Decel. (W/g h)

0.0005 0.0007 0.0005 0.0004 0.0004 0.0007 0.0005 0.0004 0.0006 0.0009 0.0005 0.0006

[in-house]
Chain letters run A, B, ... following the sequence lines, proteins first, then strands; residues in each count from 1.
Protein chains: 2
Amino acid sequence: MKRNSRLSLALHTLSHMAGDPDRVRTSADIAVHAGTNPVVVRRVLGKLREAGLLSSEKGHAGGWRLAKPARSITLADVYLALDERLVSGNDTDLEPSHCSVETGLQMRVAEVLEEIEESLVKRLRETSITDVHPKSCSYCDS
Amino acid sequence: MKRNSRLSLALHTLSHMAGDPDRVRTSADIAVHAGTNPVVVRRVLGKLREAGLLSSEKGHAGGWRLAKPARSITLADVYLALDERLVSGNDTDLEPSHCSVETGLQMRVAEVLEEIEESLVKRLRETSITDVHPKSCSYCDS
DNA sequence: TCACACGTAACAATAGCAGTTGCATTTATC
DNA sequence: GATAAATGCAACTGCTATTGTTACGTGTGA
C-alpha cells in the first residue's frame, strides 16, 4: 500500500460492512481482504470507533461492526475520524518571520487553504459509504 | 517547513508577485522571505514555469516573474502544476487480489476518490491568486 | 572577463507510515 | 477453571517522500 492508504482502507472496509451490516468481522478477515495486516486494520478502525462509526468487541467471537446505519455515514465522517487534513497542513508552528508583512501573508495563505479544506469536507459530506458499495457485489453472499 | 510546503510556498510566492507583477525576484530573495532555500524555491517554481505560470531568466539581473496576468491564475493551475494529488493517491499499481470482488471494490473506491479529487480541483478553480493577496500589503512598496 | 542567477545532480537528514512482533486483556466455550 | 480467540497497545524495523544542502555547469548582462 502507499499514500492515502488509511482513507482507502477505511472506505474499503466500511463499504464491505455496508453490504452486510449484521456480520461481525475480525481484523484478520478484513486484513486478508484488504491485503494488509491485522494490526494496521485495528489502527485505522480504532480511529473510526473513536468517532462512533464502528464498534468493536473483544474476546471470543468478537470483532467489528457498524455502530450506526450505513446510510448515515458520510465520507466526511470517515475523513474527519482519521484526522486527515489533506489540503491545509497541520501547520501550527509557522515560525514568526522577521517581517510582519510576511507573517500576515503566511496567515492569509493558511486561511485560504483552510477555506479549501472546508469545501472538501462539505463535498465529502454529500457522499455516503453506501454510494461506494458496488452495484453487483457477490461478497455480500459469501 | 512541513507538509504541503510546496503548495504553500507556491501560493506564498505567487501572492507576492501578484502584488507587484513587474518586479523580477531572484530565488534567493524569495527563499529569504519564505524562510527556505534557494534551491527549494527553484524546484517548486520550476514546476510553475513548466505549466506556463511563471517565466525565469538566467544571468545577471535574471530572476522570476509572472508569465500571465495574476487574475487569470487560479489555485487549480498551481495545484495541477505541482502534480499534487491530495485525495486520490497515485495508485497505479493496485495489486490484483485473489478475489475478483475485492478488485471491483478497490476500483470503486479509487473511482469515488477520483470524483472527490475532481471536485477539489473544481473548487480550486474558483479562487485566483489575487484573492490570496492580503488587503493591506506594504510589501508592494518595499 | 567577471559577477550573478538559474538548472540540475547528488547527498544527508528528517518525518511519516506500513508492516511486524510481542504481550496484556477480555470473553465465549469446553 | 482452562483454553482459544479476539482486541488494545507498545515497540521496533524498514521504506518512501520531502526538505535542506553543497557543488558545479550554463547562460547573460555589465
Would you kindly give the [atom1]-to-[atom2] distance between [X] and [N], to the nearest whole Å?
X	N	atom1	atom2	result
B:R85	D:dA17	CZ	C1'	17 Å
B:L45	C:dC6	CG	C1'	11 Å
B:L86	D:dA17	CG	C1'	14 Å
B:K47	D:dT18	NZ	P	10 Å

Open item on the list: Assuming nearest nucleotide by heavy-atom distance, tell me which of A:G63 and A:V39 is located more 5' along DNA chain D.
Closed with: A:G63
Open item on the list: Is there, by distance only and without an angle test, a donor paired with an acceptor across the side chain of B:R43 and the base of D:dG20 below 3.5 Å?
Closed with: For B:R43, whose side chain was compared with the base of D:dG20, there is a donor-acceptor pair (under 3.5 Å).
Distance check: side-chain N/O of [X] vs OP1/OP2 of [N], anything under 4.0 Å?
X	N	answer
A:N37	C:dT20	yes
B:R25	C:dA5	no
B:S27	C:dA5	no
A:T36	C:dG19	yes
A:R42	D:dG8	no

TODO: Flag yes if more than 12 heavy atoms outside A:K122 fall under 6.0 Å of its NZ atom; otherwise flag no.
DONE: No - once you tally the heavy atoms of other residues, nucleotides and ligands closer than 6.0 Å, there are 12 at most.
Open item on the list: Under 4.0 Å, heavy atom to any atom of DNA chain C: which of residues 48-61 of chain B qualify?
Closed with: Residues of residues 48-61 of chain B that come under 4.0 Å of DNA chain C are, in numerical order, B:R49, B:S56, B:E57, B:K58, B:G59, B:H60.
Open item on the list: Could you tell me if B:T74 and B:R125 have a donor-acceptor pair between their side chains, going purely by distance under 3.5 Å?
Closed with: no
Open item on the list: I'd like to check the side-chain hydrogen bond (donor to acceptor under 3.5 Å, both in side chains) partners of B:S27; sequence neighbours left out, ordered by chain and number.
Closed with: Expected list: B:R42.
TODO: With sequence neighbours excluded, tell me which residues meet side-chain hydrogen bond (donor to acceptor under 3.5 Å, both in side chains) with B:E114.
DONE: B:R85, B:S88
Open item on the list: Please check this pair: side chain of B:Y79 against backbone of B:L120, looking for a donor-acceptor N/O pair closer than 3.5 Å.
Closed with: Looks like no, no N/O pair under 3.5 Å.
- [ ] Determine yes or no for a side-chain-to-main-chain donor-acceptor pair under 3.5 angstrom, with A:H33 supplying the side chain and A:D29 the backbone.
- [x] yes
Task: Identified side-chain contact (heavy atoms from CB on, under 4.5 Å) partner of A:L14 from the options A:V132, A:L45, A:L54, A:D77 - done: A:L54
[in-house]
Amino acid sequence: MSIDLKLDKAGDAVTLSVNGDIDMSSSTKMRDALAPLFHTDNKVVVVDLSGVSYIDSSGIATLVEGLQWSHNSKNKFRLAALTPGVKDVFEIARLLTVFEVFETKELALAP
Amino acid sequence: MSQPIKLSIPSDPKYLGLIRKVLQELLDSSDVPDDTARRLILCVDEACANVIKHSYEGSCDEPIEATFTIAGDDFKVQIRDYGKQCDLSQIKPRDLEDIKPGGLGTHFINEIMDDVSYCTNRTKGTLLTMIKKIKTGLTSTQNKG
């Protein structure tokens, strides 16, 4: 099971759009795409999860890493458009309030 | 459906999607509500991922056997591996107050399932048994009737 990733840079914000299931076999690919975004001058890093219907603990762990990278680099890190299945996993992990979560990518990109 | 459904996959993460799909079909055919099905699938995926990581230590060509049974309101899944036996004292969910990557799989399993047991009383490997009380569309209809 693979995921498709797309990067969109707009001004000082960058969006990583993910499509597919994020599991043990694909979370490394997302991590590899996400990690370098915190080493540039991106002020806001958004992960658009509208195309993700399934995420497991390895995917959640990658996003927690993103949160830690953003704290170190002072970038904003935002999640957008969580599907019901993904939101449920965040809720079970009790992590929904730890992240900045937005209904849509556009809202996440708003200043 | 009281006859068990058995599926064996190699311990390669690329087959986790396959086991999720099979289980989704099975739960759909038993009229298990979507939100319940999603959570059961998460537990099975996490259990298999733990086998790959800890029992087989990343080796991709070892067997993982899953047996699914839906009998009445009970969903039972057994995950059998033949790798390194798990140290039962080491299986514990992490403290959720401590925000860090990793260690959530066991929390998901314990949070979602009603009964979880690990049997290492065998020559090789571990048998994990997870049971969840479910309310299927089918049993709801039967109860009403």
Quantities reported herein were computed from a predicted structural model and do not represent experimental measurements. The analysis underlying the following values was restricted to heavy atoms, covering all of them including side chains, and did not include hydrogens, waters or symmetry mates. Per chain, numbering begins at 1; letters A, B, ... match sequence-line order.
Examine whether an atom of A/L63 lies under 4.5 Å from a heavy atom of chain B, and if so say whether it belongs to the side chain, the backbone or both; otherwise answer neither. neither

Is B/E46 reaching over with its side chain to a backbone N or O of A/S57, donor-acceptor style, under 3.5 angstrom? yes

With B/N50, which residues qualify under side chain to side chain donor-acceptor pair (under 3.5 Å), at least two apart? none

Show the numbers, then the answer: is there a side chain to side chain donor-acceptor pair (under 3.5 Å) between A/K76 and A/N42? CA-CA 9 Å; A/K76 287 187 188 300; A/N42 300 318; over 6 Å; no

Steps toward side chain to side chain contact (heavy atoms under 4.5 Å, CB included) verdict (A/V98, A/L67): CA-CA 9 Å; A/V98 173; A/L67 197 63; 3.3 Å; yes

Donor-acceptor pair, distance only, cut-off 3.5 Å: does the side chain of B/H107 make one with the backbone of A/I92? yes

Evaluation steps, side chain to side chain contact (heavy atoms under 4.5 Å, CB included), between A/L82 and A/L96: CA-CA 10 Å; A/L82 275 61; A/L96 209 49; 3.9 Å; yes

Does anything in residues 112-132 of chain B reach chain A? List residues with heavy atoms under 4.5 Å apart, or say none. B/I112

the need to select a more reactive aluminous cement replacement material, metakaolin, to be used in limestone powder modified systems so as to induce changes in early age behavior. Fig. 7e shows the heat release response of pastes containing 10% limestone and 10% metakaolin as (partial) cement replacement materials while Fig. 7f shows the response of pastes containing 20% limestone powder augmented with 10% metakaolin. The synergistic early age effects of small amounts of metakaolin in conjunction with 10% or 20% cement replacement by limestone powder are evident from these figures. For example: from Fig. 7e, it is noted that limestone powder in combination with metakaolin results in two distinct peaks (corresponding to C3S and C3A hydration) of similar magnitudes – indicating that aluminate hydration is potentially enhanced in the presence of metakaolin. These peak heights increase with decreasing median particle size of the limestone powder. The parameters of the heat release peaks of these ternary blends for a limestone replacement level of 10% are shown in Table 2. The acceleration in hydration reaction in the presence of finer limestone powder and metakaolin as compared to limestone alone can be quantified based on the time of appearance of the peaks and the peak amplitudes provided in Table 2. The fact that the secondary peak related to the aluminate reaction is equal in magnitude to the primary peak in the ternary metakaolin blends (note that when limestone or metakaolin alone is used as a cement replacement material – Figs. 4 and 7b – the primary and secondary peak amplitudes are different) suggests that the combination of finer limestone powder and metakaolin enhances the reaction kinetics at early ages in a more direct fashion than any other combination of binary or ternary blends evaluated here. The normalized 1-day CH contents of metakaolin modified pastes are found to be consistently lower than those of pastes containing only limestone or limestone/fly ash as OPC replacement materials. The reaction of carbonate from limestone with Al from the OPC and metakaolin results in the formation of the mono/ hemi-carboaluminate hydrates. Thermodynamic calculations suggest that the formation of the carboaluminates initiates as early as 1 day in limestone containing systems [11,31], a point confirmed by XRD [5,33]. The formation of carboaluminates (specifically, hemicarboaluminate) consumes CH [11,18,19]. While this action partly explains the reduced CH content observed in ternary blends containing metakaolin, an additional contribution of the pozzolanic action of metakaolin at ages as early as 1 day [30,34] may be another factor to consider. 3.2. Compressive strength development The compressive strengths of plain, binary, and ternary cement paste blends up to 28 days of hydration are shown in Fig. 8. The